Training 2038 is an interactive VR installation with a conversational bot feature. The story is acted out between this nonhuman entity and a human user in a way, that the former interrogates the latter about our ways of thinking, our ways of acting. Toghether they discuss the underlying principles of human and artificial symbiosis. In the VR experience, artificial intelligence is represented by a biomorphic 3D environment with a text-to-speech voice. Scenery, where the user feels safe to expose himself and anonymously provide an honest opinion on a topic he otherwise wouldn't feel that comfortable to discuss in an undisclosed, public space.
Since the first industrial revolution, automation is one of the major objectives in the development of productivity, i.e. to replace human workforce with task-performing machines. Today, under algorithmic capitalism and industry 4.0, scripted interactions are prone to stake out a territory in terms of employment in historic measures.
Artificial Intelligence disrupts a large segment of the industry – from the self-driving cars reinventing transportation, chatbots reinventing friendship, unmanned drones reinventing war, smart domestic appliances reinventing housework to e-government reinventing politics. How far are we prepared to hand over the control to our machines? Safety being a major social issue here, we need to pre-mediate outcomes and train our future robots in order to avoid catastrophic results. But are we 100% sure of what values we should be teaching to the artificial beings? Do we inherently have an ethical code of conduct that can be universally applied?
The conversation between the Entity and a user is divided into six thematic circles [self-driving car, politics, warfare, online media, intimacy, human vs artificial]. Each topic has a unique music composed by Filip Ruisl. Questions sometimes create goosebumps – their nature is very confrontational, with the purpose to make the user aware of the fact that we all, humanity are responsible -now- for the way we are going to be treated by AI's later on after year 2038. The user is able to select a topic he prefers in the beginning of the experience. Topics are represented with their respective tokens.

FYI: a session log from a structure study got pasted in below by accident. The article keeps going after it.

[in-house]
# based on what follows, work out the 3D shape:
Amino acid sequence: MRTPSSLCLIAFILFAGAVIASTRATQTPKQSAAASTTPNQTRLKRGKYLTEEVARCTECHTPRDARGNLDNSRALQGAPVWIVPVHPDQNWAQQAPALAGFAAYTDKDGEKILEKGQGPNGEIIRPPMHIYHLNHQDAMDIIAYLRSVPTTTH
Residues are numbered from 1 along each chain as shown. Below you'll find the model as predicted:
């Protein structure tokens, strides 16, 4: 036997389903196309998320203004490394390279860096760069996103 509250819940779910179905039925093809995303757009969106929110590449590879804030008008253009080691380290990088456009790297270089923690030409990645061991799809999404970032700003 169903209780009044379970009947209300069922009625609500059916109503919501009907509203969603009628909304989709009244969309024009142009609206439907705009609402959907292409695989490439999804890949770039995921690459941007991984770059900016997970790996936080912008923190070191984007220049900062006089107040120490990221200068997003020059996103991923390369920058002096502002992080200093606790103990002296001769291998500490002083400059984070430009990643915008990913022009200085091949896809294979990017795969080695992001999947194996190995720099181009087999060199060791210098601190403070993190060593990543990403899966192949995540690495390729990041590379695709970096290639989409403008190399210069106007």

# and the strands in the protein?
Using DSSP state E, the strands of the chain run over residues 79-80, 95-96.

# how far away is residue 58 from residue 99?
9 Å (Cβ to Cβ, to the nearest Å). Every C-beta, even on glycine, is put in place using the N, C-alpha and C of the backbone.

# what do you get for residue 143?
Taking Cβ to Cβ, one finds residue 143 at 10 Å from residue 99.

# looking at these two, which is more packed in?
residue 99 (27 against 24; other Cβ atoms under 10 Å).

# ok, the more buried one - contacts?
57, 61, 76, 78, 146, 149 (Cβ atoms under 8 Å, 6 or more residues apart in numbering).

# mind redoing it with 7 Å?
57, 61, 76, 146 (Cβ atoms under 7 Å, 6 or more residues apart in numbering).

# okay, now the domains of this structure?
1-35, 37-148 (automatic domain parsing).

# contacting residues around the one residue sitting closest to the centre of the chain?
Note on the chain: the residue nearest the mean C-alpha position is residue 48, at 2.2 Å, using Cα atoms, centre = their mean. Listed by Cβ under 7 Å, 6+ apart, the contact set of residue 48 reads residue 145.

Later, user uses the token to select an answer from two options the entity offers. When the user picks the answer he is comfortable with, the Entity processes it and displays a graph which shows the preference of that answer among past users. The chatbot's questions and answers are written in a tree network nature, so the user's answers leads the direction of the dialogue. As we reach the end of the session (5-10 mins), the A.I. tells us an evaluation based on our decisions.
The physical part of the installation is constructed by LED festoons fixed to an orbicular structure hanged from the above, representing a safe-space for the human participant. The curtain is controlled by Healium Lightformer software, refletcting interaction and some actions user performs in the virtual world.
In 2017, Kitchen Budapest celebrated it's tenth anniversary. Installation Training 2038 is a project prepared specially for this occasion by KiBu members and alumnis. It has been displayed during the "KiBu10!" event, on June 21-23 on three different locations in Budapest – in Telekom HQ, Akvarium Club, and KiBu. Later on the project was invited to show on Ars Electronica Festival 2017, and also got in to the permanent collection of Ars Electronica Centre.
The data inputed during the sessions is being stored in the cloud and an interactive datavisualization website is under development to give an overview about the results so far. The website is trying to answer the question: what might be the characteristics of an autonomous A.I. in the near future?
Interaction design / UX: Filip Ruisl, Gábor Pribék
Code: Gábor Pribék, Jonathan Ravasz
3D modelling: Iván Rohonyi-Demkó
Sound design, music: Filip Ruisl
AI chatbot: Richárd Nagyfi
Story & content: Attila Nemes, Orsolya Forster, Patrik Makrai, Judit Varga, Richárd Nagyfi, Szilvi Német
Physical installation: Healium Decoration (Márton Timóczki- Nagy, Márton Urbán, Zsolt Emri)
Developed by Kitchen Budapest in 2017